For McClay, toleration must be founded in a set of absolutist claims, such as those made by the Christian faith. In this, I believe, he is correct. But where he goes high I would instead go low. Where he grounds tolerance in the high anthropology of human dignity, I think it would be better grounded in recognizing the indignity of the human person.
An Augustinian account of humanity’s corruption provides a better ground for toleration because of its view of the intensity and the extensiveness of human sin. On the one hand, the intensity of the wound of original sin goes so very deep that it suggests no human power—including the sword—can heal it. God alone can heal the wound through the unique work of his Spirit. On the other hand, the extensive effects of the Fall are not limited to the person who would be coerced but affect the human magistrate who would do the
coercing. Recognizing this suggests the need for limiting the power of government.
Humanity rejected God, and this so scarred us that we cannot freely choose to receive his grace without the initial move of God’s Spirit: As St. Paul writes in 1 Corinthians, “A natural man does not accept the things of the Spirit of God, for they are foolishness to him; and he cannot understand them, because they are spiritually appraised.” It is because the wound of sin goes so deep that not even the human sword can remedy it. Because conversion is out of human hands (as a cause, not as an instrument, of course), the Christian is freed to be gentle in dealing with those in opposition. In 2 Timothy, Paul urges the Christian not to fight but rather “with gentleness [to correct] those who are in opposition, if perhaps God may grant them repentance leading to the knowledge of the truth, and they may come to their senses and escape from the snare of the devil, having been held captive by him to do his will.”
Note the argument: God calls his servant to act with gentleness toward unbelievers because their will is in bondage to Satan. Only God—not the human agent—can free the captive. It is God alone who grants repentance. The divine monergism of God’s work in repentance is the ground for God’s human servants to treat those in opposition with gentleness: Because the wound of sin goes so very deep, human harshness can serve no divine purpose.
I have not forgotten Augustine’s argument for the suppression of the Donatists for the sake of their reform and reunion with the Church. But I do not believe that Augustine erred because he had too little respect for the dignity of the human person. Rather, his argument that magistrates should coerce the Donatists did not reflect a low enough opinion of the human person. His argument, as it were, wasn’t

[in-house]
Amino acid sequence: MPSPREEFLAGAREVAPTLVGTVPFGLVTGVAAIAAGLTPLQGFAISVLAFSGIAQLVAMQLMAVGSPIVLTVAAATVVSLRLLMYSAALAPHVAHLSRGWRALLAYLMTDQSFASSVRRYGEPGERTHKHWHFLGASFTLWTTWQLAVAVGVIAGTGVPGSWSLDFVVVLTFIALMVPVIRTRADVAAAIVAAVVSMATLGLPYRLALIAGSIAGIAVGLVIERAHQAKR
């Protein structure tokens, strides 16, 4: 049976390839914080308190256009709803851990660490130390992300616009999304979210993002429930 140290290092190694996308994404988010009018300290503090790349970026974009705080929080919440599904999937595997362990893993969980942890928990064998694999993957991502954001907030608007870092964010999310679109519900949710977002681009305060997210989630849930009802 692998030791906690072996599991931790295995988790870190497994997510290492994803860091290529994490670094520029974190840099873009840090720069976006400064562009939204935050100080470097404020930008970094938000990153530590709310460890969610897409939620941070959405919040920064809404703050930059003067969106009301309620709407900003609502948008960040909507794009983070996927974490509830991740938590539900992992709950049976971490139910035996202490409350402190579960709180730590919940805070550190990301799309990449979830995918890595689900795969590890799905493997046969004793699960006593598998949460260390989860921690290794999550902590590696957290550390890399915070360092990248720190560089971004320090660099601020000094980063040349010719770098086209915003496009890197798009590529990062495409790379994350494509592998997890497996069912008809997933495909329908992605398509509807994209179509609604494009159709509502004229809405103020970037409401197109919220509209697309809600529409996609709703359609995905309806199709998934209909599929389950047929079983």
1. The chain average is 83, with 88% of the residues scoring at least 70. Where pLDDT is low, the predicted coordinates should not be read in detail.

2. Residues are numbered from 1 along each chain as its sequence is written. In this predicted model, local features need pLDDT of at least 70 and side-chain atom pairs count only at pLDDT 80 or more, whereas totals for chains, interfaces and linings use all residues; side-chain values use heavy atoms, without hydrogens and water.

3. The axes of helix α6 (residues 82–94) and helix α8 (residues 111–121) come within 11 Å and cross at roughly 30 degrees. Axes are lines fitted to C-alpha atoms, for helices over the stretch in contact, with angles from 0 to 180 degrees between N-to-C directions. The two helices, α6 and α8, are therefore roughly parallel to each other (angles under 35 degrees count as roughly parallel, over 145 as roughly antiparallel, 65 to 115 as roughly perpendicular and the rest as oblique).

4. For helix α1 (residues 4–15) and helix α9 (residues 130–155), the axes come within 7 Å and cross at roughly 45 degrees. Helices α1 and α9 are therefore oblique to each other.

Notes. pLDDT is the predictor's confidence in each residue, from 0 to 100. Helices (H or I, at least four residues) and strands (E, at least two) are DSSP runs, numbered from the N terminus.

Augustinian enough. The Donatists required a force more powerful than the state to convert their intellects and wills.
But it’s not only the depth of the wound of sin that counsels for tolerance, it is the breadth of that wound as well. We learn empirical lessons on the relation of sin and government power from the experience of Old Testament Israel and from the experience of Christendom. Magistrates are human, and therefore also labor with a nature inherited from the first Adam. While the occasional king managed to reform worship in Old Testament Israel, more often than not political forces arrayed against the Lord’s purposes and prophets. Similarly, while I have no doubt that Christendom witnessed any number of pious magistrates, I also have little doubt that many magistrates sought to place the Church in service to their purposes. Given the evidence, Christians can reasonably conclude that, on balance, because of the Fall, it is best to limit the power of the state.
This line of thinking similarly influenced the American founding. Early in The Federalist, Alexander Hamilton observed that “men are ambitious, vindictive, and rapacious.” That magistrates share that nature stands at the heart of Madison’s argument in the famous passage in The Federalist 51, that because men are not angels the great difficulty in framing a government “lies in this: You must first enable the government to control the governed; and in the next place oblige it to control itself.”
A prudential reservation of authority over matters of conscience seems a fair implication of the darker view of human nature. But I think we can go further than this libertarian minimalism and assert that the very essence of the gospel implies tolerance for those who do not share our beliefs. We see this initially in the law given to Israel regarding the alien and sojourner. The central motivation for these laws was Israel’s own experience. “[God] shows His love for the alien by giving him food and clothing. So show your love for the alien, for you were aliens in the land of Egypt.” Fallen humanity is the alien before God. Despite this, St. Peter writes, God “is patient toward you, not wishing for any to perish but for all to come to repentance.” Note the “you” who benefits from God’s patience.
God’s patience with us derives not from humanity’s residual dignity or freedom but from our desperately fallen state and original sin’s hold upon us. But if God extends to the alien before him his charity, knowing that the alien is his enemy, then his people, who were also his enemies and benefitted from his patience toward them, are to do so as well.
James R. Rogers is associate professor of political science at Texas A&M University. This paper was given to First Things’ "After Liberalism" symposium, produced with the support of the Simon/Hertog Fund for Policy Analysis and of Fieldstead and Company.